________________ CM . . . . Volume XXII Number 6. . . .October 9, 2015


Jacob’s Landing.

Daphne Greer.
Halifax, NS: Nimbus, 2015.
156 pp., trade pbk. & Ebook, $12.95 (pbk.), $8.99 (Ebook).
ISBN 978-1-77108-279-2 (pbk.), ISBN 978-1-77108-280-8 (Ebook).

Grades 4-6 / Ages 9-11.

Review by Julianne Mutimer.

*** /4



“What’s the sky saying?” Frank asks. Ruby and I both look at the same time. “It’s really beautiful, Captain,” Ruby says. “The sun is going down and the sky is filled with all sorts of mixed-up colours…” Frank takes a deep breath and lets out a long sigh. I feel bad he can’t see the sunset. It is pretty cool.


Jacob Mosher has lost both of his parents, and just as he is adjusting to, and beginning to like, his new life with his foster mum Maggie, he is sent away to spend the summer with his strange grandparents in Nova Scotia: Captain Frank and his deckhand Pearl. While Frank and Pearl seem nice enough, they are, well, pretty old and a little quirky for Jacob’s tastes. Frank, who is blind and appears to be suffering from Alzheimer’s, occasionally retreats to his earlier years as a sea captain - sporting his jacket, medals, and all at the breakfast table – and Pearl, who appears to be giving up on Frank, are not exactly the ideal companions for a pre-teen boy; however, the summer begins to shape up when Jacob befriends a neighbour named Ruby (who has an intriguing older sister), and when he discovers that there are mysteries to be uncovered at his grandparent’s house, such as why he never knew about or was told that his grandparents existed, and a rumour about large amounts of cash hidden in their old house full of secret nooks and crannies.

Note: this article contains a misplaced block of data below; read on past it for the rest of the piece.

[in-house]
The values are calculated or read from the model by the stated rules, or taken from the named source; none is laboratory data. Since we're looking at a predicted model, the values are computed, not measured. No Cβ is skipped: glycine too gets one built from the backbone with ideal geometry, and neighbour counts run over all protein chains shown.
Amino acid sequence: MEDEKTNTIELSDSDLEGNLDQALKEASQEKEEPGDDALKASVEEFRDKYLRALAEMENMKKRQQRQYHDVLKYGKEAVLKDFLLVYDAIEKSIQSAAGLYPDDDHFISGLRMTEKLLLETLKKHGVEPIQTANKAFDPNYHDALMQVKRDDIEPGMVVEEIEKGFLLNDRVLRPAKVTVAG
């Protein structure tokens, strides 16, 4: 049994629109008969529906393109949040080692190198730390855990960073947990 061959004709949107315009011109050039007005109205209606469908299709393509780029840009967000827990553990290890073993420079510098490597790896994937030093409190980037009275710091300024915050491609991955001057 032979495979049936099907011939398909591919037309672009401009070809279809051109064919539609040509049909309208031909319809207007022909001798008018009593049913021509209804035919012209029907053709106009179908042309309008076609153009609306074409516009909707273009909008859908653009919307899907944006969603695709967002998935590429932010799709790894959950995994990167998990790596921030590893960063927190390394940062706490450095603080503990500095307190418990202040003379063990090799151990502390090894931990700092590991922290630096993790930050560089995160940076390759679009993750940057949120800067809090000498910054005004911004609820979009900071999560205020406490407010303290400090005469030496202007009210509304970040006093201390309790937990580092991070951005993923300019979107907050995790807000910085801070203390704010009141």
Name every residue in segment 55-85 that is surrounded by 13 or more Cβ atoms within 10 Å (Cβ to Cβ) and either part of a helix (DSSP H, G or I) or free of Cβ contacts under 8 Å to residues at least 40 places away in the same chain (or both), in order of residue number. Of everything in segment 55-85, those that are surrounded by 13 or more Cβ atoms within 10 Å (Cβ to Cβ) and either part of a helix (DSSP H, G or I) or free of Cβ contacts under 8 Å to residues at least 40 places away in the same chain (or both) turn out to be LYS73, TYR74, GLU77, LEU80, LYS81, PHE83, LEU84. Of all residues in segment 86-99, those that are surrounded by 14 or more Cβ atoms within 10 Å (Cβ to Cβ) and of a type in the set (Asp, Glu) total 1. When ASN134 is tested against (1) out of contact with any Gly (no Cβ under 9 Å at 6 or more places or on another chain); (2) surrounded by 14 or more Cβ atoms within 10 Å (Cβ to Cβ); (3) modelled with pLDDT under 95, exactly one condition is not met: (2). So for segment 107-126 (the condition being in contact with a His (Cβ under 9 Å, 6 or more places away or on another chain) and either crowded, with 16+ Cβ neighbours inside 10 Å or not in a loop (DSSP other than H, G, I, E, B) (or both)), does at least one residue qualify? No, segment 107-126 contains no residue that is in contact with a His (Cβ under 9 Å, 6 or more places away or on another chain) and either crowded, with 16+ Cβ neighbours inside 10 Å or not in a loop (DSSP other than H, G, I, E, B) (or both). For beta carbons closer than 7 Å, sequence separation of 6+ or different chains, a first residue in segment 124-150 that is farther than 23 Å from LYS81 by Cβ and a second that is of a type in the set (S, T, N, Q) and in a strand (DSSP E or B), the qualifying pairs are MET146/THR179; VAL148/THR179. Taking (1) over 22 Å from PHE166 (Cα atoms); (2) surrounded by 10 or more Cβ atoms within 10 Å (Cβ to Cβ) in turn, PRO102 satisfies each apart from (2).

In many ways, Daphne Greer’s Jacob’s Landing is the archetypal summertime coming-of-age novel; narrated by Jacob whose voice is authentic and sensitive as he confronts many of the challenges that young people his age do when they are just beginning to find their place in the world and understand the people around them. The novel starts a little slowly but soon picks up speed to a nice ambling pace – neither too long nor too short. Although Jacob’s story is not overly unique, his living situation is, and it is nice to see a protagonist whose home is a foster one, but who is not the stereotypical “troubled” youth we so often see. Greer’s story will appeal to a wide variety of readers, but it may be a suitable recommendation for slightly more reluctant readers interested in mysteries because it is on the shorter side. Although perhaps it is a story that has been told before in slightly different ways, Jacob’s Landing is told well, and Jacob is unique enough among his peers to earn this title a spot on library shelves and a recommendation to young readers.


Julianne Mutimer is a children’s librarian with Surrey Libraries in Surrey, BC.

To comment on this title or this review, send mail to cm@umanitoba.ca.

Copyright © the Manitoba Library Association. Reproduction for personal use is permitted only if this copyright notice is maintained. Any other reproduction is prohibited without permission.
Published by
The Manitoba Library Association
ISSN 1201-9364
Hosted by the University of Manitoba.

Next Review | Table of Contents For This Issue - October 9, 2015
CM Home
| Back Issues | Search | CM Archive | Profiles Archive